2. The Beyer for that race seems a bit high compared to what Silsita and Marathon Lady have earned in other races. That's valid, but a closer look at the figure history of also-rans allays any concern that it's an inaccurate number.

   Marathon Lady was third last time behind Oaks pace casualty Rose to Gold and Black-Eyed Susan participant Manuka Honey, but that was a complete merry-go-round affair, where the top three travelled that way all the way around. Marathon Lady didn't appear to love the sloppy conditions (despite having won on a similar strip two starts earlier) and was widest throughout, so I'm willing to give her a pass and be grateful for the additional value she'll offer thanks to that trip. Her sire Graeme Hall won the GII Arkansas Derby and GII Jim Dandy at 1 1/8 miles and she's from a South American female family, which usually means stoutness, so more distance should suit.

Undercard Thoughts:

Race 2 - MSW, 1 1/16mT - Queen Jezebel (15-1) was a decent third in an Apr. 13 off-the-turfer here in her first start for Jose Corrales after a non-effort last summer at Del Mar for John Shirreffs. With her pedigree, I’m surprised she could even stand up on dirt--she’s by Motivator (GB) out of a Paris House (GB) mare who was MSW and GSP in England and GSP in Ireland, all in sprints. Queen Jezebel almost certainly has to be a better grass horse, and she doesn’t need to improve too much to match up very favorably with these. Adding to her appeal is Corrales’s exceptional stats second off the bench. According to DRF Formulator, over the past five seasons, he’s 10-for-21 (48%) with a $3.43 ROI second off the lay-off with maidens (29% with a $2.64 ROI second off the bench overall). I’d also be sure to use Jessica C (10-1). She was backed down to favoritism in a field of 12 going five panels here Apr. 14, but only got going late to finish a close sixth. Her half-brother Proceed Bee took the GIII Hawthorne Derby over nine furlongs of turf and her second dam annexed the Diana at the same trip, so more real estate on grass should be right up her alley.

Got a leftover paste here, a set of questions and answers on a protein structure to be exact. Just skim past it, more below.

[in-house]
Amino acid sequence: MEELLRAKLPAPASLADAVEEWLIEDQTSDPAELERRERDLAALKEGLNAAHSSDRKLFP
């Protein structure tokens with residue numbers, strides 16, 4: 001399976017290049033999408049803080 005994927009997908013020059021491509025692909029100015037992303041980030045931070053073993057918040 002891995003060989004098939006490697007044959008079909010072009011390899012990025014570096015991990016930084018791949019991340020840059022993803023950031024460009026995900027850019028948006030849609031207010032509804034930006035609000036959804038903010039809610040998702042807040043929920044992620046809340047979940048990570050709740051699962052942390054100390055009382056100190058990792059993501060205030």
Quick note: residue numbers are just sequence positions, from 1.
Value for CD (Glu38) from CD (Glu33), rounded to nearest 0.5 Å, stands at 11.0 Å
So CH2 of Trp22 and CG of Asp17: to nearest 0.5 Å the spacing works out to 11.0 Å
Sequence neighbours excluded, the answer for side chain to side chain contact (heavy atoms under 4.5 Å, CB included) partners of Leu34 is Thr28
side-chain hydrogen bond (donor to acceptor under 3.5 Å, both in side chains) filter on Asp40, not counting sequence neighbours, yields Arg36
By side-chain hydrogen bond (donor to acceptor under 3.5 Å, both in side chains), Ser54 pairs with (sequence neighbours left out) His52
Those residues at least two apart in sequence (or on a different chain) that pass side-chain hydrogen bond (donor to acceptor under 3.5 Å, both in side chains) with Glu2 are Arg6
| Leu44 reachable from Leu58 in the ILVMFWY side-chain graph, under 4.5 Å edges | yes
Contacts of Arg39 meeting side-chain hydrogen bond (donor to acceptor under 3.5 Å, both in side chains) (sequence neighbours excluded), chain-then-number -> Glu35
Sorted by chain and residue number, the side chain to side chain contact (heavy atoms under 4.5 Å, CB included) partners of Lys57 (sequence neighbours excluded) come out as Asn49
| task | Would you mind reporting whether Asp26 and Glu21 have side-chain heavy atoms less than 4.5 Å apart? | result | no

Race 8 - Miss Preakness S. - This is another race that has a complete overload of early speed on paper, and it’s always tough determining who will find themselves back farther than usual just by default. Blueeyesintherein ran a decent race two weeks ago to be fifth in the GIII Eight Belles as be part of a quick pace, but she’s definitely shown the ability to come from off it and I’m not sure why she was so close last time. I’ll use her and think she’ll be somewhat tough, but the short turnaround may be ambitious (have a feeling that there’s a chance she scratches) and I’d like to find some better value in this full field. Lighthouse Bay (8-1) rates a longshot chance. She broke her maiden in front of a trio of next-out winners at Belmont in October before taking a roughly run stakes race at Laurel a month later (That video replay appears to be unavailable for some reason, and I hate flying blind, but the most important thing about her trip that day to me was that she wasn’t on the lead, and I can glean that from the chart). The chestnut resurfaced in a Gulfstream optional claimer Apr. 4, and set an opening split in :21.81 that was good for a 101 Moss Pace Figure, 15 points above par. She faded to fifth and earned a 73 Beyer, but can clearly much better with a less demanding trip. I’m guessing she’s capable of something in the high 80’s, which puts her right there if she bides her time early.